Oct 15, 2020
A Qualitative Mixed-Methods Evaluation
Published in: BMJ Open, Volume 11, Issue 12 (2021). doi: 10.1136/bmjopen-2021-055199
Posted on RAND.org on January 05, 2022
Primary care networks (PCNs) were introduced in the National Health Service (NHS) in England in 2019 to improve integrated care for patients and help address financial and workforce sustainability issues in general practice. The purpose of this study was to collect early evidence on their implementation and development, including motivations to participate and what enables or inhibits progress. This paper considers the core characteristics of PCNs, and how this informs their management.
A qualitative mixed-methods rapid evaluation was conducted across four case study sites in England, informed by a literature review and stakeholder workshop. Data collection comprised interviews, non-participant observation of meetings, an online survey and documentary review.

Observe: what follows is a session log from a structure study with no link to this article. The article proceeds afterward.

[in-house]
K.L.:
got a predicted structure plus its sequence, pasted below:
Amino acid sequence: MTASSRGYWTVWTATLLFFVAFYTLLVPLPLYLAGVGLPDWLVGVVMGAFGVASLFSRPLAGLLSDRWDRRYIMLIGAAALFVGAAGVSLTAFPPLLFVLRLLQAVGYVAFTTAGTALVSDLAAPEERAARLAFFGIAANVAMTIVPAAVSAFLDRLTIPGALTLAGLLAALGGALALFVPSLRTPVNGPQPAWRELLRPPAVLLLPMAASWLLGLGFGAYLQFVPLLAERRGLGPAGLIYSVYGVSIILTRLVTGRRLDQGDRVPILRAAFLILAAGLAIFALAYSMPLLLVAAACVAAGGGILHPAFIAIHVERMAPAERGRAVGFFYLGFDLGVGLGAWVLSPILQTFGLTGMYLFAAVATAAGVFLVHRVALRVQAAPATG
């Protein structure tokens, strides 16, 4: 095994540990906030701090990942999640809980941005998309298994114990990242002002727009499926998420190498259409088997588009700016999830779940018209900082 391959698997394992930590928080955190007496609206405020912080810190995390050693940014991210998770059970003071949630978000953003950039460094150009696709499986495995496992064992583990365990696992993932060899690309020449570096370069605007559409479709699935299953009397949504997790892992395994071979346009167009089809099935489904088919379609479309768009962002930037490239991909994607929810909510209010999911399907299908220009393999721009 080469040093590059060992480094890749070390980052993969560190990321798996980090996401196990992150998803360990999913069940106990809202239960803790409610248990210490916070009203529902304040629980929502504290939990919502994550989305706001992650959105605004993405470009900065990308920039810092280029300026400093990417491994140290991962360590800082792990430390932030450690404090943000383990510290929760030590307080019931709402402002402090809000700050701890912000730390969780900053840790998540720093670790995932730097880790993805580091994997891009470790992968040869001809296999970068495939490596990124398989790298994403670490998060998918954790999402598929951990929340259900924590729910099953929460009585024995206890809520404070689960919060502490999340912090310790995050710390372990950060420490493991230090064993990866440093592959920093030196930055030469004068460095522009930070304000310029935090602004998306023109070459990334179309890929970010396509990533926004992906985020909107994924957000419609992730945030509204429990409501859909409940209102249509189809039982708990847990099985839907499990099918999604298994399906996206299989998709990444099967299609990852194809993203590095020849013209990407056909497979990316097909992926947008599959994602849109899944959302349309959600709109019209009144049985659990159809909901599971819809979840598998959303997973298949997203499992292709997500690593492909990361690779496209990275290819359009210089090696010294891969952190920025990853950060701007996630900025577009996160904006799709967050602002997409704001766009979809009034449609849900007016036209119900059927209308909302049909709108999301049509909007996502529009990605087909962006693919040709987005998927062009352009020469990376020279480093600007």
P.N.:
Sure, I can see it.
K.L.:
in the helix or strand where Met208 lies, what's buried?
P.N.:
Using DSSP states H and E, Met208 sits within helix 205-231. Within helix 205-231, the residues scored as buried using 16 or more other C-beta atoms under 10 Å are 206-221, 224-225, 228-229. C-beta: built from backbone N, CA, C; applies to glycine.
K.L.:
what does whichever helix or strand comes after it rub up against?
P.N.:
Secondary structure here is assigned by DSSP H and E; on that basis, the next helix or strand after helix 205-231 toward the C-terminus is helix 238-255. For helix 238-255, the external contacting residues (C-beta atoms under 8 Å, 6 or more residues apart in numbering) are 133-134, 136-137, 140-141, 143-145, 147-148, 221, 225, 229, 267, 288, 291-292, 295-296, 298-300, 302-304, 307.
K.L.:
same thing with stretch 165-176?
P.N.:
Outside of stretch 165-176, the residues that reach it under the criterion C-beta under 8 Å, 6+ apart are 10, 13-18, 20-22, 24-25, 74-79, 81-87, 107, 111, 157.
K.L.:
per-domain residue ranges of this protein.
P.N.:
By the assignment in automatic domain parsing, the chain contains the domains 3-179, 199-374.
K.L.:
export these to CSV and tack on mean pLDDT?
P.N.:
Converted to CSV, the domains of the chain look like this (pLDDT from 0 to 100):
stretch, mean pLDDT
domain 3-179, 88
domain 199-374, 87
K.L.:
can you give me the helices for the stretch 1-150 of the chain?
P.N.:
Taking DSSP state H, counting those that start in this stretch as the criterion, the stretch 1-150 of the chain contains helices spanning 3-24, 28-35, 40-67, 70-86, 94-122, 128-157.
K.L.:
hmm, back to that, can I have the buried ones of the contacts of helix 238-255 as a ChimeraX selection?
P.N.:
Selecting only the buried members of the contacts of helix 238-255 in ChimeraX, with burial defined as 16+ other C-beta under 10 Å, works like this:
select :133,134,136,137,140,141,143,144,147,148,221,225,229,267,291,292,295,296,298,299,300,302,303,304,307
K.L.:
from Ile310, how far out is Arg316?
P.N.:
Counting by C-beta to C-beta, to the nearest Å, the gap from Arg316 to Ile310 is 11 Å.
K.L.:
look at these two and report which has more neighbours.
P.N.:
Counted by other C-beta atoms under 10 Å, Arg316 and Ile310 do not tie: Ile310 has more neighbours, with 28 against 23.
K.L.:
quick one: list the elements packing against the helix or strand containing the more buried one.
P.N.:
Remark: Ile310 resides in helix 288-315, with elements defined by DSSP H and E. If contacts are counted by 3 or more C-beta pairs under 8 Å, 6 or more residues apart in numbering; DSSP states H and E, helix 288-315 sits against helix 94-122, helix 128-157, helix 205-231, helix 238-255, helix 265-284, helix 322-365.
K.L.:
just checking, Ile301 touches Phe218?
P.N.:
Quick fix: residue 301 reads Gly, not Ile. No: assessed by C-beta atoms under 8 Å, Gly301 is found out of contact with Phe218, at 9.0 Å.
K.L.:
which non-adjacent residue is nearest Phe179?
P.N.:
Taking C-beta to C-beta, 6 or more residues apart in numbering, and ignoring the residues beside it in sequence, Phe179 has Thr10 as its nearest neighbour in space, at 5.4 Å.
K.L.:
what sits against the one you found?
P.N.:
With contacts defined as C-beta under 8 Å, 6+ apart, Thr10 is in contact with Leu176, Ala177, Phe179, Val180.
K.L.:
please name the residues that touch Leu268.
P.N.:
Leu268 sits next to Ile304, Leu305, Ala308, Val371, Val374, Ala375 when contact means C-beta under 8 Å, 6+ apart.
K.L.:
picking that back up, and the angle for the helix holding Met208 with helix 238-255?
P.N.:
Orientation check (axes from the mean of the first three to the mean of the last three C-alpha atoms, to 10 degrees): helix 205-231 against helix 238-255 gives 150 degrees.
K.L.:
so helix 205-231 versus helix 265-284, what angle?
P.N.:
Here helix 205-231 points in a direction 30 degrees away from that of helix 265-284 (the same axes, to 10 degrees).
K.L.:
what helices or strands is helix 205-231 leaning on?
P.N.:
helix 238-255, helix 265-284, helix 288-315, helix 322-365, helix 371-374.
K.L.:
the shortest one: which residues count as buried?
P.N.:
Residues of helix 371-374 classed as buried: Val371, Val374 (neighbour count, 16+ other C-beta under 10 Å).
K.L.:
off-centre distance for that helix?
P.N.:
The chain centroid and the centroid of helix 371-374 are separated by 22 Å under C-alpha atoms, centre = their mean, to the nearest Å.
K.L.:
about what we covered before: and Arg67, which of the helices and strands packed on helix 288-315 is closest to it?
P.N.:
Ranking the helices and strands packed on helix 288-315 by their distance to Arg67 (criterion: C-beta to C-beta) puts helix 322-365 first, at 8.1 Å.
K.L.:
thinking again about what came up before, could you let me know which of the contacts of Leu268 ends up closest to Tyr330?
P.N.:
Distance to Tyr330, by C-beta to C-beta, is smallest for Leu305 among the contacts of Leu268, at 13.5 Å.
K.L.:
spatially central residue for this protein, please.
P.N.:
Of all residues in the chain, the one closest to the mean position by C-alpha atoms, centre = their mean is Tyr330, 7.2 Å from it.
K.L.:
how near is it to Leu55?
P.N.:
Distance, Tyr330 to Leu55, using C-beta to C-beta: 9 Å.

General practitioners (GPs) are motivated to participate in PCNs for their potential to improve patient care, enable better coordinated services and enhance financial and workforce sustainability within primary care. However, PCNs also have an almost mandatory feel, based on the national policy context and significant financial incentives associated with joining them. PCNs offer potential to bring GPs together to work towards common goals, deliver national priorities and respond rapidly to local needs.
PCNs face similar challenges to other meso-level primary care organisations internationally, as they respond to local and national priorities and operate in a context of multiple goals and interests. In managing these organisations, it is important to find a balance between local and national autonomy, decision making and control.